Among the new measures the Obama administration outlined was stepped-up enforcement of laws that require health plans’ coverage of mental-health and substance-abuse treatment to be comparable to medical and surgical benefits. A new rule by the Department of Health and Human Services will improve access to drug treatment for people enrolled in Medicaid and the Children’s Health Insurance Program by requiring such parity. The move is expected to benefit more than 23 million people, according to the White House. (Campo-Flores, 3/29)

The Washington Post: Amid ‘Heartbreaking’ Stories, Obama Pushes For More Funding To Treat Addiction
During an emotional and often intensely personal panel discussion, President Obama listened Tuesday as a 35-year-old mother of two described her descent from prescription drugs into heroin addiction. “It slowly happened,” said Crystal Oertle of Ohio as she sat beside the president. “It is crazy to think of the things I did, but it was necessary for me to function.… I’ve had to steal. I have stolen from department stores to feed my habit. I have been involved in drug busts a couple of times.” She has now marked a year of recovery. (Jaffe, 3/29)

The Wall Street Journal: Lawmakers Target Medivation Over Drug Prices
A cancer drug that costs $129,000 a year—more than three times the price in Japan and Sweden and four times the Canadian cost—has become the latest subject of public and congressional scrutiny, as 12 representatives joined nonprofits to call for a public hearing on the drug’s price. Xtandi, a prostate cancer drug co-licenced by Japan’s Astellas Pharma Inc. and Medivation Inc., was developed at a U.S. university with grants funded by taxpayer dollars. That gives the federal government the right to revoke the patent if the terms are unreasonable, said the letter, dated Monday. (Court, 3/29)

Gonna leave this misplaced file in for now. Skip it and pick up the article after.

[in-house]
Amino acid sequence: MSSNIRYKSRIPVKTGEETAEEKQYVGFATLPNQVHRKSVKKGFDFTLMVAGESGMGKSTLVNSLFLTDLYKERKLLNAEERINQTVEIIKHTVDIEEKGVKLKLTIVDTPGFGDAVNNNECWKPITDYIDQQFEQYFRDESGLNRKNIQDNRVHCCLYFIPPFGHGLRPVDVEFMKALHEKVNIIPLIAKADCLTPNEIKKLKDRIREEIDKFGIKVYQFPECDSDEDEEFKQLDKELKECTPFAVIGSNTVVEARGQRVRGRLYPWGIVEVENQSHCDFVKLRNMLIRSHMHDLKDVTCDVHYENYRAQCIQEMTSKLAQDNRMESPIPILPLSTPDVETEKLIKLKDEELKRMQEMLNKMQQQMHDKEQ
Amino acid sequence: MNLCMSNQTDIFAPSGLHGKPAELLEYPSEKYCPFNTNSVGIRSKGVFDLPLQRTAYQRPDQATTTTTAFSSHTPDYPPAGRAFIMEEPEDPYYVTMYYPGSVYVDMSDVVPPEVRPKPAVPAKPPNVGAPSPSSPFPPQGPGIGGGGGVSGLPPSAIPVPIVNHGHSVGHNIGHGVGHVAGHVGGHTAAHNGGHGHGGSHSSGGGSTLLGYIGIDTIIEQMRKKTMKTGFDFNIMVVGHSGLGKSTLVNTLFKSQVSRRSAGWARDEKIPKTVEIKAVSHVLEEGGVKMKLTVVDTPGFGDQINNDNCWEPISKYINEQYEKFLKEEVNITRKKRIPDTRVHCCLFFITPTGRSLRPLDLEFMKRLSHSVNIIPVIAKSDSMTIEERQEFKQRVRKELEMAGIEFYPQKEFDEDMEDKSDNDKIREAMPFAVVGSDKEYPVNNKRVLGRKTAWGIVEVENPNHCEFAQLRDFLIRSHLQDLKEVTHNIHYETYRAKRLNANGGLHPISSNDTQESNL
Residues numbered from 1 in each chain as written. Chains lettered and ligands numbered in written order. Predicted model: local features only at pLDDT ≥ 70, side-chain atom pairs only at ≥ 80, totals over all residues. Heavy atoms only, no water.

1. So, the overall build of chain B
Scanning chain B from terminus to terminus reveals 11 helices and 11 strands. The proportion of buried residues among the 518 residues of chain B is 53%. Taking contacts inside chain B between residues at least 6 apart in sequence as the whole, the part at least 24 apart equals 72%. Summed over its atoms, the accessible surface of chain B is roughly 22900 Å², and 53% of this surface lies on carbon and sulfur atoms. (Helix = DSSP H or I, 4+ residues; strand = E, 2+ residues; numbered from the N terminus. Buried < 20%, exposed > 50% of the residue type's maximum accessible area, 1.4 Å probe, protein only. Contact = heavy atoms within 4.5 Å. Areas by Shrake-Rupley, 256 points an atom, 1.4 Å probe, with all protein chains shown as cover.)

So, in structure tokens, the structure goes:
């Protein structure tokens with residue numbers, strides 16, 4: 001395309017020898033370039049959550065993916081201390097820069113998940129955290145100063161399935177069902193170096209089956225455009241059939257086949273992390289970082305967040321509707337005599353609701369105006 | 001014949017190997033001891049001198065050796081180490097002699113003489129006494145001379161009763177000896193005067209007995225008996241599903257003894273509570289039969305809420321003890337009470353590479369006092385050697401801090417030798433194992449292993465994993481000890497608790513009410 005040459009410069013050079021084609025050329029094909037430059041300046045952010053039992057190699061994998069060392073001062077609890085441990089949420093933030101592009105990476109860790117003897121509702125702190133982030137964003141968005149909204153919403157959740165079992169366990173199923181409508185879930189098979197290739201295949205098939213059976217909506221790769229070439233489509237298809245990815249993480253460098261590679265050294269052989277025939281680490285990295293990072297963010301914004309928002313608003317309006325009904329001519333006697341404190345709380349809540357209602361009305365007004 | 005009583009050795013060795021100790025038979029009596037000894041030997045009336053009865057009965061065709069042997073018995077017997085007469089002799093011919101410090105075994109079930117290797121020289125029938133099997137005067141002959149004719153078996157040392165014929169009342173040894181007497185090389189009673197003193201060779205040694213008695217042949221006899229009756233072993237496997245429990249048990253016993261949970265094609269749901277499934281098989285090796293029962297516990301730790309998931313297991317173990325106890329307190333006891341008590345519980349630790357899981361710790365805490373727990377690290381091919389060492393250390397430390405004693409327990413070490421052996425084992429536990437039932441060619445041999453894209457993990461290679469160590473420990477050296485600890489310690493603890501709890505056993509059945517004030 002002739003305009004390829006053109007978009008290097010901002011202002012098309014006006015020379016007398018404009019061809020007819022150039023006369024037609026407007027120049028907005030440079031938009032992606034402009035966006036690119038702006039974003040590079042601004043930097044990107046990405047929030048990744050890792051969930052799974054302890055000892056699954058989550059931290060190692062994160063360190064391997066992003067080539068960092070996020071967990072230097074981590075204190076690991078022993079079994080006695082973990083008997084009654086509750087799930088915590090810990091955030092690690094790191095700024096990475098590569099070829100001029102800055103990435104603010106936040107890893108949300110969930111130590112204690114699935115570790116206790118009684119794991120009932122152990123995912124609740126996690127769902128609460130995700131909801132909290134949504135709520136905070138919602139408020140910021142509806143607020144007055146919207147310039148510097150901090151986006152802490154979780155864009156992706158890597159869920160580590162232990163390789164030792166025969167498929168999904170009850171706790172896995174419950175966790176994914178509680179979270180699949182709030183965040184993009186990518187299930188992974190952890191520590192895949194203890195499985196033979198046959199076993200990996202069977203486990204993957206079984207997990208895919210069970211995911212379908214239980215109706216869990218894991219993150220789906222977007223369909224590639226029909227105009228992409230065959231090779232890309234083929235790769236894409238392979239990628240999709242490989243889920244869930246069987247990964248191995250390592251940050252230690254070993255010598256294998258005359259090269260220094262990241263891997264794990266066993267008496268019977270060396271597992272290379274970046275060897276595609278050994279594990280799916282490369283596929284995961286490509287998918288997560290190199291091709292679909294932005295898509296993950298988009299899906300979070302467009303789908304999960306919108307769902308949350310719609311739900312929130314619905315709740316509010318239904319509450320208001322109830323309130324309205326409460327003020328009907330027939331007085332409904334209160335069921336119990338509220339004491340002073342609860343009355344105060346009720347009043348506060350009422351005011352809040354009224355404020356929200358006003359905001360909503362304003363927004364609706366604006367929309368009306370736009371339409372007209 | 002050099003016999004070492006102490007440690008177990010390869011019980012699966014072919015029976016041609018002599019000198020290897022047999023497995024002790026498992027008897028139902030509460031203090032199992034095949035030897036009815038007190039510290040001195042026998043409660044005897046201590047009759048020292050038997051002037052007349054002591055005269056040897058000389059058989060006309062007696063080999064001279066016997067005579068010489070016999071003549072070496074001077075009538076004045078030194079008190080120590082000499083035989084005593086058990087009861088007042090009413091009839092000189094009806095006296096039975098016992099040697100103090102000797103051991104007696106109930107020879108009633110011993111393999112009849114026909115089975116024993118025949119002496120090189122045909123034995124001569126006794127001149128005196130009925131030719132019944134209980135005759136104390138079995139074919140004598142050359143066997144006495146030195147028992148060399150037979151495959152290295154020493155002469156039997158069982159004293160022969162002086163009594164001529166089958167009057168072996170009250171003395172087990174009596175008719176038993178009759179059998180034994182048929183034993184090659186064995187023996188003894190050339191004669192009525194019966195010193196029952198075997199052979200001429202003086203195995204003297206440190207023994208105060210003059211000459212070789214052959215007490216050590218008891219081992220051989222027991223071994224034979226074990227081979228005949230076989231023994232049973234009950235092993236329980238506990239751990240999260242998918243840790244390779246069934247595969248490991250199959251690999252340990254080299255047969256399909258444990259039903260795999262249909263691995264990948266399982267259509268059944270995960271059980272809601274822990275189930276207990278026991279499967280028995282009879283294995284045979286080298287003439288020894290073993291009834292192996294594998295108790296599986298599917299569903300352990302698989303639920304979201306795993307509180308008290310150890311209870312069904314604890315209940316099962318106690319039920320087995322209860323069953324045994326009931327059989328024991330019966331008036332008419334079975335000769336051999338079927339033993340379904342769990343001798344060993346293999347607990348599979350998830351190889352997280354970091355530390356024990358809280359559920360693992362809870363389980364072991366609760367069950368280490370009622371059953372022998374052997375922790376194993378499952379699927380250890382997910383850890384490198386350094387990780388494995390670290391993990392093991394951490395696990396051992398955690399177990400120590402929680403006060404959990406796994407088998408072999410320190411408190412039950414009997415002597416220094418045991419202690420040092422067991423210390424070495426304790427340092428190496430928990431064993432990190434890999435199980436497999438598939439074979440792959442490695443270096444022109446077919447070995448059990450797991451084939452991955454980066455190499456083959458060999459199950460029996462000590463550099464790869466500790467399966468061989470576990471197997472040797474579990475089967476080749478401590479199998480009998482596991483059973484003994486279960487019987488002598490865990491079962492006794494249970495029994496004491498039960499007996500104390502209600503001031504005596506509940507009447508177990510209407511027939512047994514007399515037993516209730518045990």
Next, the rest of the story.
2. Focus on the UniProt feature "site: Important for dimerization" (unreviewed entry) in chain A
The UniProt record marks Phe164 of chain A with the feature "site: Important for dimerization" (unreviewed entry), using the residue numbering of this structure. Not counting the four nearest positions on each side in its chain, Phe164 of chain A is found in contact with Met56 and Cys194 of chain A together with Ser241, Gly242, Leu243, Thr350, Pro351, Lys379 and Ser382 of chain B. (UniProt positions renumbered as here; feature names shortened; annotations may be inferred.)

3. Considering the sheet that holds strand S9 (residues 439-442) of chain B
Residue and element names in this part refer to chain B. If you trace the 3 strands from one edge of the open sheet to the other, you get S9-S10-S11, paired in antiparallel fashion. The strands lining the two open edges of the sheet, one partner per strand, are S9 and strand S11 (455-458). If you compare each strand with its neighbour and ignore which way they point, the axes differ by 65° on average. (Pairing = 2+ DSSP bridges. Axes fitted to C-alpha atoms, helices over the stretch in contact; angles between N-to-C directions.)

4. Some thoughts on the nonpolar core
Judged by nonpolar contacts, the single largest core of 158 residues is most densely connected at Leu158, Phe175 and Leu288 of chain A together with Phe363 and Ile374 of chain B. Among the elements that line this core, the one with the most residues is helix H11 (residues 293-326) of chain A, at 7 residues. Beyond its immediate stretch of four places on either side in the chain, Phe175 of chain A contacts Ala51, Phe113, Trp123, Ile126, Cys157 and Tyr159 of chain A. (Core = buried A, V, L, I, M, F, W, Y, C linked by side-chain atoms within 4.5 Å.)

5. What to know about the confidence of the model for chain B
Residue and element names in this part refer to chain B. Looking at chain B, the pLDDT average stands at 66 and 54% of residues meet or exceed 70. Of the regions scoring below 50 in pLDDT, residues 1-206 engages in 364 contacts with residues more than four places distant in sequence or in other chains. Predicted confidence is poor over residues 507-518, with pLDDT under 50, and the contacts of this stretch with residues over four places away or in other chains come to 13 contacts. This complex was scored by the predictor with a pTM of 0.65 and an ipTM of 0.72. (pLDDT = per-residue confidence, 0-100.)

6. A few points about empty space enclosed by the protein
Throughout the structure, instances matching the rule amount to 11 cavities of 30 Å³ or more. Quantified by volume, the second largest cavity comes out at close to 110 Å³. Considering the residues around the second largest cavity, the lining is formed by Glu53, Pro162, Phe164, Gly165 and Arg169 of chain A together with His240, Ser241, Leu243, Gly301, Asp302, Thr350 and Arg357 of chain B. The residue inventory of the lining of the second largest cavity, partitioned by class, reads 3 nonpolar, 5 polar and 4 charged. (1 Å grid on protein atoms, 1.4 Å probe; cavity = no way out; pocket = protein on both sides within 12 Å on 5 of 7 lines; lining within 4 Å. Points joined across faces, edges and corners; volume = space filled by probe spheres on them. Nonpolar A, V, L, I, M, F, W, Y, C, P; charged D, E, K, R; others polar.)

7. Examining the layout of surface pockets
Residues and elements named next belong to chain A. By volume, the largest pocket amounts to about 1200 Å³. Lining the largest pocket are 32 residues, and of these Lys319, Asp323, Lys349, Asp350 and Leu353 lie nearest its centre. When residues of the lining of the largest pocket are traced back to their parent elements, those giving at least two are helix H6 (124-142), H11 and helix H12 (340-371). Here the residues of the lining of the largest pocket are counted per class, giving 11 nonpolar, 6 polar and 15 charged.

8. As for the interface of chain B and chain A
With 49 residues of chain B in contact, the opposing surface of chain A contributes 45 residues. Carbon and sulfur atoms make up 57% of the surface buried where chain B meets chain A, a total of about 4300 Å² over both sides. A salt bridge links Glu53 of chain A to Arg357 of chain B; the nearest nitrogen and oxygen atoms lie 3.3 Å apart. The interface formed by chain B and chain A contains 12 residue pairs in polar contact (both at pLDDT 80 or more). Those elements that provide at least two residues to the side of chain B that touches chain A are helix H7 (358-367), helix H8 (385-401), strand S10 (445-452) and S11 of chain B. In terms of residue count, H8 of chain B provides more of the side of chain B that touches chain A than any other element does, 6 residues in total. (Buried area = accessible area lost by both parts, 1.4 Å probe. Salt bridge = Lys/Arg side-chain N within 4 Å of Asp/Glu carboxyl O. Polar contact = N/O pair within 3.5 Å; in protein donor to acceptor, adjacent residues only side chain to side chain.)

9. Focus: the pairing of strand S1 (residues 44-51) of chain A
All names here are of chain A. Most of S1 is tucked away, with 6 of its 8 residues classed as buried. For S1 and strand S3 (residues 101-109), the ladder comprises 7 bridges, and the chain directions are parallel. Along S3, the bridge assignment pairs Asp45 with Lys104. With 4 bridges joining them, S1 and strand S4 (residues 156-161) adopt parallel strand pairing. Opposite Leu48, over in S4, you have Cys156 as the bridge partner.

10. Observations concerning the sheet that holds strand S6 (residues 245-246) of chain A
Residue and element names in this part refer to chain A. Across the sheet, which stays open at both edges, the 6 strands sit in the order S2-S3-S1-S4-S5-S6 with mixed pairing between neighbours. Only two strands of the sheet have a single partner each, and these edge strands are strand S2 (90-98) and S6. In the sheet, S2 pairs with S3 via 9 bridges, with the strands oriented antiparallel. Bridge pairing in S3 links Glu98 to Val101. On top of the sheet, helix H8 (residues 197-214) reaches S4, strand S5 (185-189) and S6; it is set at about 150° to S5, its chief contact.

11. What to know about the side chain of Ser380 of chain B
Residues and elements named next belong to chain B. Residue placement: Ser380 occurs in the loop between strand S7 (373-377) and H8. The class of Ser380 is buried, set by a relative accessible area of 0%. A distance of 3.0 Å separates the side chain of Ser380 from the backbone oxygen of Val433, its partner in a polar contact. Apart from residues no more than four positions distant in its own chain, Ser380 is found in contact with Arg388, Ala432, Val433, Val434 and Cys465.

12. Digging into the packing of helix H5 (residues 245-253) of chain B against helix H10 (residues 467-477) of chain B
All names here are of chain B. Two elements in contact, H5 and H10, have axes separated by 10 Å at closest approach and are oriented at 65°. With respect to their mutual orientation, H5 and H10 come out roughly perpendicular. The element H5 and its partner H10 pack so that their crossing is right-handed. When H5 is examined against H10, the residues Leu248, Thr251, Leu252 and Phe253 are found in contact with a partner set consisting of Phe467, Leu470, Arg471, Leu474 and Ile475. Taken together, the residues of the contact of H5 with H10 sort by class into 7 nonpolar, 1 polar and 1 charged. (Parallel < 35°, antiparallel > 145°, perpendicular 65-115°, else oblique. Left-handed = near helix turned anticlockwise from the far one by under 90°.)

The Associated Press: Makers Of Pricey Prostate Cancer Drug Xtandi Are Targeted By Congress
In a letter to the heads of the Department of Health and Human Services and the National Institutes of Health, Reps. Lloyd Doggett (D-Texas) and Welch (D-Vt.) and Democratic presidential candidate Sen. Bernie Sanders (I-Vt.) urged the agencies to step in to cut prices for Xtandi, saying it costs four times as much in the U.S. as in some other developed countries. They are asking for public hearings on the drug. The lawmakers want the NIH to consider overriding Xtandi's patent, which guarantees Medivation and Astellas exclusive sales for a decade or more. Overriding the patent would allow for Xtandi's price to be reduced. (3/29)

NPR: Physician Group Calls On Government To Rein In Drug Prices